Seven-day healing rates, defined as proportion of study subjects healed at seven days after study entry, were chosen as the primary outcome measure for this analysis. The choice of Day 7 was influenced by the natural history of the disease, its use as a time point in head to head clinical trials, and the fact that resolution of HK in seven days is a favorable outcome and a reasonable therapeutic goal [1]. In further support of Day 7 as the key endpoint for this meta-analysis untreated HK can take up to three weeks to resolve making resolution within a week a therapeutic success, and many of the original idoxuridine studies utilized a day seven endpoint in their analyses [6,10]. Table 1 is the summary of definition of endpoints and healing from the publications identified by the systematic review.

Table 2 Summary of healing rate for HK, dendritic and geographic ulcers at Day 7 reports the detailed day 7 healing rates for each individual report.
Table 2

Summary of healing rate for HK, dendritic and geographic ulcers at Day 7

Study

Healed/Total (%)

Herpetic keratitis

Dendritic ulcers

Geographic ulcers

ACV

IDU

ACV

IDU

ACV

IDU

Colin [21]

19/25 (76)

11/27 (41)

    

Collum [22]

29/30 (97)

6/29 (21)

29/30 (97)

6/29 (21)

  

Coster [23]

27/29 (93)

24/30 (80)

27/28 (96)

22/26 (85)

0/1 (0)

2/4 (50)

Hamard [24]

21/28 (75)

12/23 (52)

    

Kitano [25]

40/54 (74)

26/55 (47)

    

Klauber [26]

12/18 (67)

6/20 (30)

8/10 (80)

5/10 (50)

4/8 (50)

1/10 (10)

McCulley [27]

19/30 (63)

18/34 (53)

16/26 (62)

17/26 (65)

3/4 (75)

1/8 (12)

Summary 95%

167/214 (78)

103/218 (47)

80/94 (85)

50/91 (55)

7/13 (54)

4/22 (18)

CI of summary

(72%, 84%)

(41%, 54%)

(78%, 92%)

(45%, 65%)

(27%, 81%)

(2%, 34%)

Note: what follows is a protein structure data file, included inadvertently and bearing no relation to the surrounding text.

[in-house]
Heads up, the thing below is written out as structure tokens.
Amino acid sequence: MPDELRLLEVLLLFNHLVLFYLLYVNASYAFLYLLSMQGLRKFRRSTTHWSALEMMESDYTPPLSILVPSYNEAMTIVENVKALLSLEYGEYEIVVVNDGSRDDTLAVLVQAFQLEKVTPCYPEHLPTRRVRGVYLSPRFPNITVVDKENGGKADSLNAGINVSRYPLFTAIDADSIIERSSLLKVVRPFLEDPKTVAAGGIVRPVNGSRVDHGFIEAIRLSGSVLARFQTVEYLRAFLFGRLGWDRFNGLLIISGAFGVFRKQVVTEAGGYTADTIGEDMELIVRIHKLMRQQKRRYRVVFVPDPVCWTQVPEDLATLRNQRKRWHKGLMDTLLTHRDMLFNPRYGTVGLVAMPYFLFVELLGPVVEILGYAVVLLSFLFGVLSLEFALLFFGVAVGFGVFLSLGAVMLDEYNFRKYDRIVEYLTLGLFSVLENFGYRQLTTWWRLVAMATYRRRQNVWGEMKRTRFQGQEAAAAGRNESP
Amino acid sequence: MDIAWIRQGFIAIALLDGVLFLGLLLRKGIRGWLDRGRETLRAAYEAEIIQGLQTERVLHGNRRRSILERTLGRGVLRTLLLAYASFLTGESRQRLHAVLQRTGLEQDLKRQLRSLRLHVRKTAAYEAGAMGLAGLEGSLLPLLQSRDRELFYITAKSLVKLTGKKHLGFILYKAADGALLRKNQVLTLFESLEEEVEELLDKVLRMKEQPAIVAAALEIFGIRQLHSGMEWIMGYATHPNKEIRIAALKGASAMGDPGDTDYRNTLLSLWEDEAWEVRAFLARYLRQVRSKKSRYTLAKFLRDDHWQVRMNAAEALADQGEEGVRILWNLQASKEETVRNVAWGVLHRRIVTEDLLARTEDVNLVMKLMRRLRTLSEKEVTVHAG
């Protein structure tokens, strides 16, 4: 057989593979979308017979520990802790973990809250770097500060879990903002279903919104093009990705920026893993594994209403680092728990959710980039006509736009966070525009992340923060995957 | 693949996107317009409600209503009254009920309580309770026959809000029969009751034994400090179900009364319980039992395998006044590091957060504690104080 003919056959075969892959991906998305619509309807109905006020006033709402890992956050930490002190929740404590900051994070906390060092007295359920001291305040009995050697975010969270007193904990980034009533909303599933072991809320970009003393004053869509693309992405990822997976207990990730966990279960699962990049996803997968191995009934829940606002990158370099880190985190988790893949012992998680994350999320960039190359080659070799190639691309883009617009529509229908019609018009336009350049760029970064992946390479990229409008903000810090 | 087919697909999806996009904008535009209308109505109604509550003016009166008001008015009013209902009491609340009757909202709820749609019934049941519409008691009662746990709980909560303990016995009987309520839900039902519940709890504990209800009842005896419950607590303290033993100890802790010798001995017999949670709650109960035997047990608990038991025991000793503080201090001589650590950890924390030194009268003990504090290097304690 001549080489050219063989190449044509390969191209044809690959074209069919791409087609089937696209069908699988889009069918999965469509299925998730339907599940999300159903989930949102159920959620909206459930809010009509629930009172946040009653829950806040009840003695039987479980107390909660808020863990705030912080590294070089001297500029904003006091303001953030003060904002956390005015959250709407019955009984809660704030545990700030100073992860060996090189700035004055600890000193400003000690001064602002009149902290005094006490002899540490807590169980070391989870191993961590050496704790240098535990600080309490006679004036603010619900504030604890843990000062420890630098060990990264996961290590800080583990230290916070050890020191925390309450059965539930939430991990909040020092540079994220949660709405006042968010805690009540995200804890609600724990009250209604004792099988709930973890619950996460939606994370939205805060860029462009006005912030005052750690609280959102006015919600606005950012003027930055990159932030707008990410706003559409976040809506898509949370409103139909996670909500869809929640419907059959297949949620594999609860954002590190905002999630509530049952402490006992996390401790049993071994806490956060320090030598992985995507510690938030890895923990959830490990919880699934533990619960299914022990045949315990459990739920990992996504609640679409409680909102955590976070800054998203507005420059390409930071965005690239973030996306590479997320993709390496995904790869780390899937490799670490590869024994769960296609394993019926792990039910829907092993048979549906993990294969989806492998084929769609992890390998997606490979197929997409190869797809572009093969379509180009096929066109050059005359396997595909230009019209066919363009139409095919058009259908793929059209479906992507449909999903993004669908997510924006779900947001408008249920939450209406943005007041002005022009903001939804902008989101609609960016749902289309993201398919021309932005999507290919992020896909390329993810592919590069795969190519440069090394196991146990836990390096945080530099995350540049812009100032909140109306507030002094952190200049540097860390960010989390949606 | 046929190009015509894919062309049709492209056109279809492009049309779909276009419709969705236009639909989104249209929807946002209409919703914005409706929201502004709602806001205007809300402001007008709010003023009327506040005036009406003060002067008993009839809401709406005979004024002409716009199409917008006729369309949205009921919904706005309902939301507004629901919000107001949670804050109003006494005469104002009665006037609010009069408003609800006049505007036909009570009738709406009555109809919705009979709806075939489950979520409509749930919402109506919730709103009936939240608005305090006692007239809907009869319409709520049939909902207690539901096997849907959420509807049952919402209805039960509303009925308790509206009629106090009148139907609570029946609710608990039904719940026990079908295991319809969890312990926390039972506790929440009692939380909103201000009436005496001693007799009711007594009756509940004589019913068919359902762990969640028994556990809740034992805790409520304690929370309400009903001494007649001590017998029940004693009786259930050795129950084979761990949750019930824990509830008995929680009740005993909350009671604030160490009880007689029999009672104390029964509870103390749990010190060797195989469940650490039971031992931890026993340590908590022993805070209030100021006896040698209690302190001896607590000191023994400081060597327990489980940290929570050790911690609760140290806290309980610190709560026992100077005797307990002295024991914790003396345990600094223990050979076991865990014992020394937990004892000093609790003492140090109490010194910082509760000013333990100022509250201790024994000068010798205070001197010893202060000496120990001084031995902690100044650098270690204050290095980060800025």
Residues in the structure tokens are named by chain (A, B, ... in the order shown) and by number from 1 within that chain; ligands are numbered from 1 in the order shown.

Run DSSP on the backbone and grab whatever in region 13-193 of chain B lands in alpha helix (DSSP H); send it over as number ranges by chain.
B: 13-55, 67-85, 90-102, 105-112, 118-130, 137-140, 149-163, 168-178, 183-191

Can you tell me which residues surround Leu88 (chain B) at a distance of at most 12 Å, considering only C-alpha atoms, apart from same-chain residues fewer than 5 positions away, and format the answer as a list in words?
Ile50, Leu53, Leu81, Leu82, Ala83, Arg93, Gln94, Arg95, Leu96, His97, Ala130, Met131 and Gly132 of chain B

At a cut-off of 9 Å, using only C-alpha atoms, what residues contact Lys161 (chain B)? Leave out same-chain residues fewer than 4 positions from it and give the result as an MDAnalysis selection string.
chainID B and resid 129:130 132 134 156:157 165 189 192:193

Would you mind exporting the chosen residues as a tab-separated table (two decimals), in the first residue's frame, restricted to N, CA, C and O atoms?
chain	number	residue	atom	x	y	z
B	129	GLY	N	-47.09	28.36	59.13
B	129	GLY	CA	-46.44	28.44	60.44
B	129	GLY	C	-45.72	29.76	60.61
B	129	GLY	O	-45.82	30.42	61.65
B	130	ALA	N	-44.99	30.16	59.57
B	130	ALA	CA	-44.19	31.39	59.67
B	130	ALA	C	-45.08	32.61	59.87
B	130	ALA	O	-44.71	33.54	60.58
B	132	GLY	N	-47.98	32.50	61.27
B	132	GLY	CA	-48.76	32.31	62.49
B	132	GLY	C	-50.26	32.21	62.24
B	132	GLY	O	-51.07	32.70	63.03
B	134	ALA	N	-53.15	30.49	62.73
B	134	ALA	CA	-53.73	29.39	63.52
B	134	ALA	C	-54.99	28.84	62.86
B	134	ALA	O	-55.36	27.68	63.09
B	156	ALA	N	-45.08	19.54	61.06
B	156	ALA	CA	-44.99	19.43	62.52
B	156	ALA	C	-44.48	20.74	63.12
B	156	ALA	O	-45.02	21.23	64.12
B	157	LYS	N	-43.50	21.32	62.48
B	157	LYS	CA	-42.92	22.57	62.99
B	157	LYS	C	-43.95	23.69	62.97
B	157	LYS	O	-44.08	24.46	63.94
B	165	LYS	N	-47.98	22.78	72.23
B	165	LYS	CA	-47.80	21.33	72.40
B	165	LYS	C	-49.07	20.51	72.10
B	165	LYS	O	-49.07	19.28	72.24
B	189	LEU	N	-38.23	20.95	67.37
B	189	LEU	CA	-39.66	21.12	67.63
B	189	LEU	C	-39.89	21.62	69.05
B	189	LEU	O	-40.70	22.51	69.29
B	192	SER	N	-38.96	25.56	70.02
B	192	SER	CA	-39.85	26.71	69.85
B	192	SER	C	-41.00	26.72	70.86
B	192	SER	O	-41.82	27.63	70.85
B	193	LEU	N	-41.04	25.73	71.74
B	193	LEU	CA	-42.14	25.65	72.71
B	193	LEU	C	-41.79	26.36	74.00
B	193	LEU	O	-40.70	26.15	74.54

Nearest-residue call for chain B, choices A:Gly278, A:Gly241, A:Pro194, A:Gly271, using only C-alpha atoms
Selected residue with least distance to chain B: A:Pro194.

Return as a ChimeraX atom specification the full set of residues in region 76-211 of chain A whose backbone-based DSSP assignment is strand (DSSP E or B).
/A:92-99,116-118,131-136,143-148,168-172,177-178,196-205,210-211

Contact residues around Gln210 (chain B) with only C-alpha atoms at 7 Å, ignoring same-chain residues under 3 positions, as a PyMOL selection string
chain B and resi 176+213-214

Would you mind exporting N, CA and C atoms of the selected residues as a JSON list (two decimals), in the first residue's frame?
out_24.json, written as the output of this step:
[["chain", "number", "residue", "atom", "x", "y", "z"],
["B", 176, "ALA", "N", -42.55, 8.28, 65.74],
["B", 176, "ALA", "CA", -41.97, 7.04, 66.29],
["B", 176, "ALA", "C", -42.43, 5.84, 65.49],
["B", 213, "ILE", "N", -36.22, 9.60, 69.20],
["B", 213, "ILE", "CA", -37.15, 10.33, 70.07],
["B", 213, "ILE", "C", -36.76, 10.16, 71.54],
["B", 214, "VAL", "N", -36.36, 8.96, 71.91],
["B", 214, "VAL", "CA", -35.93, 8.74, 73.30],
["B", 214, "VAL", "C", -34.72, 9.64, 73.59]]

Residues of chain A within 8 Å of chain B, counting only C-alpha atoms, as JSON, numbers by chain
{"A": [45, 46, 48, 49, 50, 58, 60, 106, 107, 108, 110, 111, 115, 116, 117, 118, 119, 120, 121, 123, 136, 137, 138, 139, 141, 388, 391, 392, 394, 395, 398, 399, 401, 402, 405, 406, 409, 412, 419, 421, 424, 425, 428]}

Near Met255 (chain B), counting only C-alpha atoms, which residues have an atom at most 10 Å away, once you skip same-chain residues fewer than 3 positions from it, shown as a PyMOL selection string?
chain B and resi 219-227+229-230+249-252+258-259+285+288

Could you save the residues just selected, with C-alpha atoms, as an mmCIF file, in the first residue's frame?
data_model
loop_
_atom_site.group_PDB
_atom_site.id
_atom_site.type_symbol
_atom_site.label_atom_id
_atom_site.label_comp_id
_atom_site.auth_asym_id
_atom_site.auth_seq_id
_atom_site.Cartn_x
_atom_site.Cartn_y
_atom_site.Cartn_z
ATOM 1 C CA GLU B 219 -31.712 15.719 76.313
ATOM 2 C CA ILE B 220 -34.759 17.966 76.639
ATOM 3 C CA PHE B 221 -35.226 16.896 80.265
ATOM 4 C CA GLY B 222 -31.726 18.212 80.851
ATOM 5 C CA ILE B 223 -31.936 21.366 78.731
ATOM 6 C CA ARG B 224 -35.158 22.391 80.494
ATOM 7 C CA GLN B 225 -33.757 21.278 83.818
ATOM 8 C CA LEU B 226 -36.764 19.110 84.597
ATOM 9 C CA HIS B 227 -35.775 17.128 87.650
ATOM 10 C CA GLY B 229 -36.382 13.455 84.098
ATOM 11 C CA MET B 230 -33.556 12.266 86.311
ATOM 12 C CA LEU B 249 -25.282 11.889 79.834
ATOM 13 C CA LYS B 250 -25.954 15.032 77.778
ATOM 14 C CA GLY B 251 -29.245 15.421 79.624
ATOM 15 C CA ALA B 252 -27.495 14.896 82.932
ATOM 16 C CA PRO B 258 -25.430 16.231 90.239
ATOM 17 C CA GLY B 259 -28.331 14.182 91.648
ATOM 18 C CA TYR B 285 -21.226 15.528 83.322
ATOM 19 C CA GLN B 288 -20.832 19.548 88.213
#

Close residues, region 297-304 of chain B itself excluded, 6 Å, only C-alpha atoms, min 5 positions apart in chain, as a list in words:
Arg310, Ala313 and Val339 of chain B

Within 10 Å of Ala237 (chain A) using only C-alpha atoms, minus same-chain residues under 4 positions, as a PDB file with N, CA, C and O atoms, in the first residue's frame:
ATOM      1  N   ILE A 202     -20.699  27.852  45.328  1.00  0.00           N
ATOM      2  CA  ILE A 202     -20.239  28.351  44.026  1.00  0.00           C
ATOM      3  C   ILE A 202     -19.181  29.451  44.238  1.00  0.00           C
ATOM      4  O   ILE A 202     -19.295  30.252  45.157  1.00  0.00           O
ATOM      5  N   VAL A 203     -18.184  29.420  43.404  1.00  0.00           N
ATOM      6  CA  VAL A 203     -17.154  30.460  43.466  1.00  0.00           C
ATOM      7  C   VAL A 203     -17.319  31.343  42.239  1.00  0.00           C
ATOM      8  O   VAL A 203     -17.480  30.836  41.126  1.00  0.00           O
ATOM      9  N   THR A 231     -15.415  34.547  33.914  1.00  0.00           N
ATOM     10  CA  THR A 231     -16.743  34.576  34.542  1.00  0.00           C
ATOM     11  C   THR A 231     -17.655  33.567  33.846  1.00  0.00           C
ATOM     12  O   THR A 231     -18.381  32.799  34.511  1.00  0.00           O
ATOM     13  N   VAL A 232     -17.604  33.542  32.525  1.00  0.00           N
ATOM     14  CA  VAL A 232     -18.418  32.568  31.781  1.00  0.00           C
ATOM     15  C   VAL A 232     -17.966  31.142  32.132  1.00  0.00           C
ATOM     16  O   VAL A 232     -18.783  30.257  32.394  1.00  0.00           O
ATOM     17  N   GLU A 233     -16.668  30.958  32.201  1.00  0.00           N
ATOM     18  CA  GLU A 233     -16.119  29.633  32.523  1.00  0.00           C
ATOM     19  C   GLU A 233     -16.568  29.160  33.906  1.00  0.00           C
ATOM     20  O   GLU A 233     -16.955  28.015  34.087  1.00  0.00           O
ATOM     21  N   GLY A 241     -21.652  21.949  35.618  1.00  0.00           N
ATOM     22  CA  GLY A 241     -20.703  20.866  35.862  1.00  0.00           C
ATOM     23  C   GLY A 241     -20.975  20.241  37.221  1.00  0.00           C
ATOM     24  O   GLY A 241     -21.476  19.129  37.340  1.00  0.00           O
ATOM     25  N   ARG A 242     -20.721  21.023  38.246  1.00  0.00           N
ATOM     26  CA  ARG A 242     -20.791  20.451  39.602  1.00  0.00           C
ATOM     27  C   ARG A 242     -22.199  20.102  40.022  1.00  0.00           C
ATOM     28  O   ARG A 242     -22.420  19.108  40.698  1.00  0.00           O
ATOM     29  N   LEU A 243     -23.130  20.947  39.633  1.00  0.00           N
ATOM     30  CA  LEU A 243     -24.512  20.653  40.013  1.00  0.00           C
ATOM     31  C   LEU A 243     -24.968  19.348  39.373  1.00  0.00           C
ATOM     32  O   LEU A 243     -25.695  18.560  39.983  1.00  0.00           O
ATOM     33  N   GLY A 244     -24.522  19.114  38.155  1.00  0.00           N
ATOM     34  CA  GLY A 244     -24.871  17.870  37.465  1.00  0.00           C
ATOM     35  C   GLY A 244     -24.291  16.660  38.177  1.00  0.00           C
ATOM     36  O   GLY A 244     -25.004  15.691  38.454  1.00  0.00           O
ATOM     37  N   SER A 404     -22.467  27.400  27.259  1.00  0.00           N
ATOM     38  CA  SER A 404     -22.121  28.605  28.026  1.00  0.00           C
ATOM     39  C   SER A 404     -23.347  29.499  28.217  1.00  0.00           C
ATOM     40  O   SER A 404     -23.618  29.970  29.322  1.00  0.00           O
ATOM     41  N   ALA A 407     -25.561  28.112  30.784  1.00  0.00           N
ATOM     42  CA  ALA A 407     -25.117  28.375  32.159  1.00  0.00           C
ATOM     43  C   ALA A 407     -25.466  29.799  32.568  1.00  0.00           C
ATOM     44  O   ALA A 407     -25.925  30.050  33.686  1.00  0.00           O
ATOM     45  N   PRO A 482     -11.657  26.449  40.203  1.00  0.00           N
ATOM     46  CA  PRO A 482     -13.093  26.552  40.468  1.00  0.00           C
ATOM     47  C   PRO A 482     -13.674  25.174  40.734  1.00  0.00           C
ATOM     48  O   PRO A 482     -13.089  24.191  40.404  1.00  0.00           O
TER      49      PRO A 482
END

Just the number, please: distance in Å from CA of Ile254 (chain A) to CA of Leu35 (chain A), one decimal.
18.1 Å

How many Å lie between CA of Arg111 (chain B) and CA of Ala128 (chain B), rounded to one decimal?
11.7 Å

In keeping with many clinical trials assessing therapy for HK, the diagnosis in these studies was based on the clinical appearance of the cornea. Although it may appear optimal to only analyze cases in which the presence of herpes simplex was confirmed by culture or alternative laboratory testing, it wasn’t possible to break down the study results based on this parameter. For example, Coster [23], Klauber [26], and Hamard [24] used clinical criteria only. In Colin [21], a viral sample was taken for the majority of cases, but no culture results are reported. Collum [22] showed recovery of herpes simplex virus type I in 19 (33%) of 54 conjunctival swabs while complement fixation antibody to HSV type I was present in 48 (96%) samples of sera. Collum [22] also reported a case by case analysis of recovery of virus and titer of complement fixing antibody. McCulley [27] utilized virus cultures from the inferior cul-de-sac and showed a 19.9% positive culture rate. Kitano reported that virus was isolated in 61.5% of cases. None of these four studies that evaluated subjects for presence of virus separated out their aggregate results based on confirmation of virus. Of note, polymerase chain reaction testing was not available at the time these studies were conducted. It was felt that re-evaluating the Collum study, only, based on isolation of virus from the conjunctiva was not necessary. Furthermore, routine management of HK does not require laboratory confirmation prior to initiating therapy, thus the use of the broader population has clinical relevance [15].